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Painting of the Battle of Belmont.

When fighting erupted between Confederate and Union forces in Mississippi County, Missouri, few could have expected that one man, a newly-promoted Brigadier General, would emerge from obscurity and tragedy and begin his upward trajectory to the heights of American myth and legend. Nonetheless, at the end of the Battle of Belmont, that man—Ulysses S. Grant—had secured himself admiration from his commanders and established a brand of warfare that would later elevate him up the ranks and define the Union’s conduct of the war.

In the Western Theater, the Union embarrassment in the Battle of Wilson’s Creek led to changes in the command structure. The Pathfinder John Frémont was replaced by Henry W. Halleck as commander of the Department of the West, which comprised territory west of the Cumberland River in Kentucky. His counterpart commander, at the head of the Department of the Ohio—which encompassed the remainder of Kentucky and the entirety of Tennessee—was Don Carlos Buell. While both Buell and Halleck reported directly to General George McClellan approximately 800 miles to the east, they viewed each other as inferior and stoked a rivalry.[i] Halleck had been a competitor of McClellan’s for the top general slot given his experience and erudition (which earned him the moniker Old Brains), but Buell could take comfort in knowing that their commander, General McClellan, viewed Buell as being “the superior in practical ability as a soldier in the field.”[ii]

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Major General Henry W. Halleck. By: John A. Scholten.

Both Halleck and Buell had their instructions from above to hold territory in Missouri and Kentucky as part of the effort to restore the Union.[iii] McClellan recognized, however, that Halleck had the more difficult role at this juncture given that he had to organize the chaos that the prior commander, Frémont, had left him—”a system of reckless expenditure and fraud, perhaps unheard of before in the history of the world.”[iv] He also was tasked with managing a red-haired brigadier named William Tecumseh Sherman, who told the Secretary of War that 200,000 troops would be necessary to secure the Mississippi Valley alone—an estimate that, taken together with Sherman’s propensity for fits of rage and melancholy, secured his relief from duty and sending to work under Halleck.[v] While Halleck generously called Sherman “stampeded,” McClellan had no such sympathy: “Sherman’s gone in the head,” was his diagnosis.[vi] Halleck’s sympathies led him to provide Sherman an indefinite leave of absence and relinquished him to the care of his wife at home.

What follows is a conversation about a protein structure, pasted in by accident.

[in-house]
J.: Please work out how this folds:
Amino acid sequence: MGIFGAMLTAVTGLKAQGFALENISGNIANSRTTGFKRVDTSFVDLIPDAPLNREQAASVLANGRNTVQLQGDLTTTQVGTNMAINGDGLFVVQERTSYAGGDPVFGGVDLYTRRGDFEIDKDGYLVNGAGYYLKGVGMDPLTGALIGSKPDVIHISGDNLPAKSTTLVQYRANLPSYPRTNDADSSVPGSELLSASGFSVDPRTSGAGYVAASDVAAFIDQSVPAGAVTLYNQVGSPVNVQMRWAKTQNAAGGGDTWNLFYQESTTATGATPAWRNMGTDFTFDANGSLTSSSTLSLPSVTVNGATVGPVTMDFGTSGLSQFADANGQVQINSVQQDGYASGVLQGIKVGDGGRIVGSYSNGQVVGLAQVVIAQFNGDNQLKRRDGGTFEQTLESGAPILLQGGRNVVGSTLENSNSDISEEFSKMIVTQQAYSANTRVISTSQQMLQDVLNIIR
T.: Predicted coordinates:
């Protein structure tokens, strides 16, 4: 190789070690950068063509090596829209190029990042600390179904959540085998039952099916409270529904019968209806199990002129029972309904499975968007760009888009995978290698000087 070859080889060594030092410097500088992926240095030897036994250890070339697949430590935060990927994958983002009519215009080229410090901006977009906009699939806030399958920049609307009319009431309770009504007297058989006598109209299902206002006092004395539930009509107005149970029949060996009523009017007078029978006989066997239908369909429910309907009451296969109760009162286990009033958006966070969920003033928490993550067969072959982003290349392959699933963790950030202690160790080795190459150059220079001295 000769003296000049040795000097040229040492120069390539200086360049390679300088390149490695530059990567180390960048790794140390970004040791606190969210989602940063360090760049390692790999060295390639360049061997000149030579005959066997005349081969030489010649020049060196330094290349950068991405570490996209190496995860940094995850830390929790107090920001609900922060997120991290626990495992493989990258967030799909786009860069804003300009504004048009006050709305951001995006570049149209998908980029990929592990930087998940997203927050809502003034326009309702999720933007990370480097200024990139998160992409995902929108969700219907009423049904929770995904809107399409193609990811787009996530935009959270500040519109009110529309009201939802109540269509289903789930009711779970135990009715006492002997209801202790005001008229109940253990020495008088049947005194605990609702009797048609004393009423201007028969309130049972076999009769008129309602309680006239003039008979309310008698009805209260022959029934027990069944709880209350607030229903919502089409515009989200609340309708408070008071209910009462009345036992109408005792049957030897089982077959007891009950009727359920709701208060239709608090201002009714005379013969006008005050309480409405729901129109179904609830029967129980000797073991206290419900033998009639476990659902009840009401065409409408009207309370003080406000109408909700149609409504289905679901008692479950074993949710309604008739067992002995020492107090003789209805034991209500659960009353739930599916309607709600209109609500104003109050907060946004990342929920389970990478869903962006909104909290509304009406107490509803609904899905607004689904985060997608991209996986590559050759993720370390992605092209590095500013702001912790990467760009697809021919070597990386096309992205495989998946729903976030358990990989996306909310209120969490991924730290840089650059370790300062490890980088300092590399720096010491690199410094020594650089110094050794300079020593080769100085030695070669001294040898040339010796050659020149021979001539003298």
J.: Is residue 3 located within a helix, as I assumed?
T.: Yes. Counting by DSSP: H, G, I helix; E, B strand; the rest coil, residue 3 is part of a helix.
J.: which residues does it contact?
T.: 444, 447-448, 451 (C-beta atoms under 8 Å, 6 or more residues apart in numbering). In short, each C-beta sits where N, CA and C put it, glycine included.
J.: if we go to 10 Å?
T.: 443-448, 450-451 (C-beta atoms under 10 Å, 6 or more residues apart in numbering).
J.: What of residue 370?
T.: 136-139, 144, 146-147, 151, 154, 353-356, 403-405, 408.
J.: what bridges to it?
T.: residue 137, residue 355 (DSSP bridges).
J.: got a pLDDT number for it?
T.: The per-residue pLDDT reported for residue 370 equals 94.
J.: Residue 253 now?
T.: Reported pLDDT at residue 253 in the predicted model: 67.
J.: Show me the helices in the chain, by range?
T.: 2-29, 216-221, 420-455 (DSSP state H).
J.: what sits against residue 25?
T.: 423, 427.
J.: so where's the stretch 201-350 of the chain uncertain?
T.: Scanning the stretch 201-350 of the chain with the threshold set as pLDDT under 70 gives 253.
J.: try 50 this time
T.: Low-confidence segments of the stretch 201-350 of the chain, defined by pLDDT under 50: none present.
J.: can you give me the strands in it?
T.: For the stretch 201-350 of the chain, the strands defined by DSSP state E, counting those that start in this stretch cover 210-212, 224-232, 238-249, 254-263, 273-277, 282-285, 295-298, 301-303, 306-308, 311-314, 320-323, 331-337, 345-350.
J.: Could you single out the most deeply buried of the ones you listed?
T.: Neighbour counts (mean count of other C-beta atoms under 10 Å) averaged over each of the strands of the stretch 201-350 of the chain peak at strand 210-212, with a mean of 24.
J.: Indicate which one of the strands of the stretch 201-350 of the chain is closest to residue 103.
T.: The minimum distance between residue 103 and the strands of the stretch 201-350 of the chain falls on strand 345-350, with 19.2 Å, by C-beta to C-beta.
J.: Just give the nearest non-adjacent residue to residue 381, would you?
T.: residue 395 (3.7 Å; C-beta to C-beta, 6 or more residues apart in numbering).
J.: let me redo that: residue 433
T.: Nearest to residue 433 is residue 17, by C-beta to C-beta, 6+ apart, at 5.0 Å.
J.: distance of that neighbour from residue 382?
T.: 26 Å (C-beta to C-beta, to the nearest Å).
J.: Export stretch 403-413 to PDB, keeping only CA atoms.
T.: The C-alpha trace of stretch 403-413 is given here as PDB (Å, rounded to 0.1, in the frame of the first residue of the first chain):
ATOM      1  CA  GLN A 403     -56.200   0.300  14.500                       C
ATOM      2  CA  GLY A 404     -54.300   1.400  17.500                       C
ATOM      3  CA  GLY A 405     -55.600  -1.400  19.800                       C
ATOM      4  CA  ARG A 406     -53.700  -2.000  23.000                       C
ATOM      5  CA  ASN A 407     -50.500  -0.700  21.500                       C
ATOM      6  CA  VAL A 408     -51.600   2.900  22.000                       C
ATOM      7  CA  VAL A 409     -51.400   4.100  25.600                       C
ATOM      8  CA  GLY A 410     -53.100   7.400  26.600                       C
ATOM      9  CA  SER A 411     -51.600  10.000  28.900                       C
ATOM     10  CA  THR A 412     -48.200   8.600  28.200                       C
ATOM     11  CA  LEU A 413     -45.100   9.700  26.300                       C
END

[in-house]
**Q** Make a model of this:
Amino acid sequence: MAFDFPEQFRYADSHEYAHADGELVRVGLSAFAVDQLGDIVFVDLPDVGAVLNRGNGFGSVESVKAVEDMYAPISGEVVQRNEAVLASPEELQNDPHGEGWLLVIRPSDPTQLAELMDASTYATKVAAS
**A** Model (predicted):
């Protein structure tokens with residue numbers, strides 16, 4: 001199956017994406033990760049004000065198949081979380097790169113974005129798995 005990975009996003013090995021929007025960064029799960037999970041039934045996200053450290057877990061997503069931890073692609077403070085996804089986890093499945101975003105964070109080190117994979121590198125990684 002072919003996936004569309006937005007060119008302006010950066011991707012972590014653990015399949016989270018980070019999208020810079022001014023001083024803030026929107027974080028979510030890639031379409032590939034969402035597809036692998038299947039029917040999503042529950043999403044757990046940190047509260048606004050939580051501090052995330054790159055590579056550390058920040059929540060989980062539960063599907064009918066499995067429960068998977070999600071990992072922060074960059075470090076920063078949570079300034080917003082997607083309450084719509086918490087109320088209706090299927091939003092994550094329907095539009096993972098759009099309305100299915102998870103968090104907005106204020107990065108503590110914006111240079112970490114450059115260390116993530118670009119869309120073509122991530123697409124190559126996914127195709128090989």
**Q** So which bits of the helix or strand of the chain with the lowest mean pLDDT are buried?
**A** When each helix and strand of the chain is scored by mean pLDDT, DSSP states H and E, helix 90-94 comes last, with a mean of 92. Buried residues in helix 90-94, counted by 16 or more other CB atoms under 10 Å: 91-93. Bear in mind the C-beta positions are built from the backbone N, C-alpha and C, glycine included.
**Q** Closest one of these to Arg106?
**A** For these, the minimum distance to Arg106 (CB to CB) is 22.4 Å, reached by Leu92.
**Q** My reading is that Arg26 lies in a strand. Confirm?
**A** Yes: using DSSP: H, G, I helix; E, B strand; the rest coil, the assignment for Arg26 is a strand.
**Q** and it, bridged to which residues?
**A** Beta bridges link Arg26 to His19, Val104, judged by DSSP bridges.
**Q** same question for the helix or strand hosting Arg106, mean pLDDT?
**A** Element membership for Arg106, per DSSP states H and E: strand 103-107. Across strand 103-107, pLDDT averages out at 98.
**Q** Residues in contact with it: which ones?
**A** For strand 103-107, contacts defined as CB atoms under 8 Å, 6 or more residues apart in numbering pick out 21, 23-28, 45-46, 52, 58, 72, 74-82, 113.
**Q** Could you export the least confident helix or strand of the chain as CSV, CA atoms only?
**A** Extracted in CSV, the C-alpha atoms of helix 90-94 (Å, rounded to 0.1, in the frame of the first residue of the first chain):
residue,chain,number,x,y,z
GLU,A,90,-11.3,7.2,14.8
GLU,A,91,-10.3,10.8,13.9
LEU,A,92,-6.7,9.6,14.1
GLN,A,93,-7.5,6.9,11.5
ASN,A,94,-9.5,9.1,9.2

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Brigadier General Ulysses S. Grant in Cairo, Illinois. 1861.

Under Halleck was another Brigadier General, Ulysses S. Grant, who knew hardship just as well as his counterpart Sherman: after fighting in the Mexican-American War, he had struggled to adjust to civilian life and only became a brigadier through a stroke of luck.[vii] While he had to resign his commission after the Mexican-American War due to his habit of drinking, when the Civil War began, he was commissioned as a colonel of Illinois volunteers, then promoted to brigadier, a benefit of his relationship with U.S. Representative Elihu Washburne.[viii] Grant had proven himself to be a fighter in the Mexican-American War, but Halleck was cognizant of Grant’s reputation for taking to drink and reluctant to trust him.[ix]